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Researchers identify 'degrees of Kevin Bacon' gene in well-connected fruit flies

Researchers identify 'degrees of Kevin Bacon' gene in well-connected fruit flies
Expression of dokb using dokbn2-GAL4 line and a GFP reporter in the adult CNS. Credit: Nature Communications (2024). DOI: 10.1038/s41467-024-47499-8

A team of researchers from the University of Toronto has identified a gene in fruit flies that regulates the types of connections between flies within their "social network."

The researchers named the gene "degrees of Kevin Bacon" (dokb) for the prolific star of such films as Footloose and Apollo 13. The parlor game, Six Degrees of Kevin Bacon, in which a random actor's connection to Bacon is traced through a chain of co-stars, reflects the actor's numerous connections to other actors.

It is common for animals to exist in or networks—for example, a pride of lions or a pod of dolphins—within which exist a multitude of interactions and relationships. Within these networks, individuals and groups have different levels of connectedness.

The researchers studied groups of two distinct strains of Drosophila melanogaster and found that one strain showed different types or patterns of connections within their networks than the other strain.

The researchers then isolated the dokb gene in the first strain, also known as CG14109, associated with that connectivity. When they swapped the gene from one strain to another, the recipients exhibited the connectivity of the other strain.

"There's been a lot of research around whether social network structure is inherited but that question has been poorly understood," says Rebecca Rooke, who carried out the work as part of her Ph.D. thesis at U of T Mississauga.

Rooke is the lead author of the paper describing the research, titled "The gene 'degrees of kevin bacon' (dokb) regulates a social network" and published in Nature Communications.

It has been thought that rather than inheriting the ability, animals instead learn how to interact with other individuals. "But what we've now done is find the gene and proven there is a ," she says.

Rooke is a postdoctoral fellow in Professor Joel Levine's laboratory, which was located at UTM when this research took place.

"This gives us a genetic perspective on the structure of a social group," says Levine, who is currently chair of the department of ecology & evolutionary biology in the Faculty of Arts & Science.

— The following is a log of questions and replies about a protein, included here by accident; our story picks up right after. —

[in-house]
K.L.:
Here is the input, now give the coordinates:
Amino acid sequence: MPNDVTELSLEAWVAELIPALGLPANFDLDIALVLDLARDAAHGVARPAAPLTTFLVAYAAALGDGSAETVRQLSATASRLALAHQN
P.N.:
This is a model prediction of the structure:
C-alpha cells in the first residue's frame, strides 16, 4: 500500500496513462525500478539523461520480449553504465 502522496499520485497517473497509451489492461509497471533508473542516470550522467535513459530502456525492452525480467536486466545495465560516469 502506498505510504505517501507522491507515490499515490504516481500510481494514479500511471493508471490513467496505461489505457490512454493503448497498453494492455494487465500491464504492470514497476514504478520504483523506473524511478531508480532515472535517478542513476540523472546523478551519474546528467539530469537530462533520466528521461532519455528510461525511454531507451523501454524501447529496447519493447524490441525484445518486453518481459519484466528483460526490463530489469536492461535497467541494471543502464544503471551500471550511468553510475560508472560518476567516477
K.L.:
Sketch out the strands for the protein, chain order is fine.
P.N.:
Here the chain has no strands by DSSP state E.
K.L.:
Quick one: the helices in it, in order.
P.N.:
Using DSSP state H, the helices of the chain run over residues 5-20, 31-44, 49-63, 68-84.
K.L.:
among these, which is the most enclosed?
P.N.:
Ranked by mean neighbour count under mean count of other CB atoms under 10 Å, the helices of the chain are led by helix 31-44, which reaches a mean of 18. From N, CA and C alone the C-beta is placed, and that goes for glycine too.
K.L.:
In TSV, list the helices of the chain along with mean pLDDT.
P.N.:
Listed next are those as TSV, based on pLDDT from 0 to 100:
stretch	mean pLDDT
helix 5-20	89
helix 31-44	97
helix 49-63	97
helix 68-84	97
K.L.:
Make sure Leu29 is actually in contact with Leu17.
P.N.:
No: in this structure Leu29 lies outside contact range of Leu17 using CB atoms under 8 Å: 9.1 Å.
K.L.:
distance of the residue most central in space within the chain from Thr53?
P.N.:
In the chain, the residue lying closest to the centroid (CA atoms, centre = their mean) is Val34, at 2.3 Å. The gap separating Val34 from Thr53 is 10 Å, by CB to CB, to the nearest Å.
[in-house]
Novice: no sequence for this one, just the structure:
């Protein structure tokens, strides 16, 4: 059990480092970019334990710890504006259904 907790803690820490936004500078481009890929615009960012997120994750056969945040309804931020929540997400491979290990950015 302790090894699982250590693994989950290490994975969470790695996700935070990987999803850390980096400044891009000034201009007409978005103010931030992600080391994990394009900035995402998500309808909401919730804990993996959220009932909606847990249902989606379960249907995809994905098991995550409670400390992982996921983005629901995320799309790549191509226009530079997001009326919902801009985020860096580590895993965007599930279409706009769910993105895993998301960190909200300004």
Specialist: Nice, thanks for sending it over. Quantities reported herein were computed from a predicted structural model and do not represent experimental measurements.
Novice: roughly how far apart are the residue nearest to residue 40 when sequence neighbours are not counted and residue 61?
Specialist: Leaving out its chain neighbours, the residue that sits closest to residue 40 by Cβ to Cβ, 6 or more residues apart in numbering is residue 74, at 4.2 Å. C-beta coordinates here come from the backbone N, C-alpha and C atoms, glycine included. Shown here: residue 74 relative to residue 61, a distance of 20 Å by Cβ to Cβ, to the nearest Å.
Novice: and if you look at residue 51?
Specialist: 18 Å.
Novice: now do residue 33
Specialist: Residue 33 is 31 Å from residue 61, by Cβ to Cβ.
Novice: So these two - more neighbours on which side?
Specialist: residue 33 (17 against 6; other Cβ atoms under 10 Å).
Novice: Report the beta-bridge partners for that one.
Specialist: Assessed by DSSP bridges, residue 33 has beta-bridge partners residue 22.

"This is amazing because it says something important about the structure of social interactions in general and about the species-specific structure of social networks. It's exciting to be thinking about the relationship between genetics and the group in this way. It may be the first time we've been able to do this."

The researchers measured the type of connection by observing groups of a dozen male flies placed in a container and video recorded.

Using software previously developed by Levine and post-doctoral researcher Jon Schneider, the team tracked the distance between flies, their relative orientation and the time they spent in close proximity. Using these criteria as measures of interaction, the researchers calculated the type of connection or "betweenness centrality" of each group.

Rooke, Levine and their colleagues point out that individual organisms with high betweenness centrality within a social network can act as "gatekeepers" who play an important role in facilitating interactions within their group.

Gatekeepers can influence factors like the distribution of food or the spread of disease. They also play a role in maintaining cohesion, enhancing communication and ensuring better overall health of their group.

In humans, betweenness centrality can even affect the spread of behaviors such as smoking, and divorce.

At the same time, the researchers point out that social networks are unbiased and favor neither "good" nor "bad" outcomes. For example, high betweenness centrality in a network of scientists can increase potential collaborators; on the other hand, high betweenness centrality in another group can lead to the spread of a disease like COVID-19.

"You don't get a good or a bad outcome from the structure of a network," explains Levine. "The structure of a network could carry happiness or a disease."

Rooke and Levine are both excited about the research this discovery opens up.

"I think the most interesting next step is to identify the overall molecular pathway this gene and its protein are involved in," says Rooke. "To try to understand what the protein is doing and what pathways it's involved in. The answers to those questions will really give us a lot of insight into how these networks work."

And while the dokb gene has only been found in flies so far, Rooke, Levine and their colleagues anticipate that similar molecular pathways between genes and social networks will be found in other species.

"For example, there's a subset of cells in the whose function relates to social experience—what in the popular press might be called the 'social brain,'" says Levine.

"Getting from the fly to the human brain—that's another line of research. But it almost has to be true that the things that we're observing in insects will be found in a more nuanced, more dispersed way in the mammalian brain."

More information: Rebecca Rooke et al, The gene "degrees of kevin bacon" (dokb) regulates a social network behaviour in Drosophila melanogaster, Nature Communications (2024). DOI: 10.1038/s41467-024-47499-8

Journal information: Nature Communications
Citation: Researchers identify 'degrees of Kevin Bacon' gene in well-connected fruit flies (2024, May 28) retrieved 23 June 2024 from
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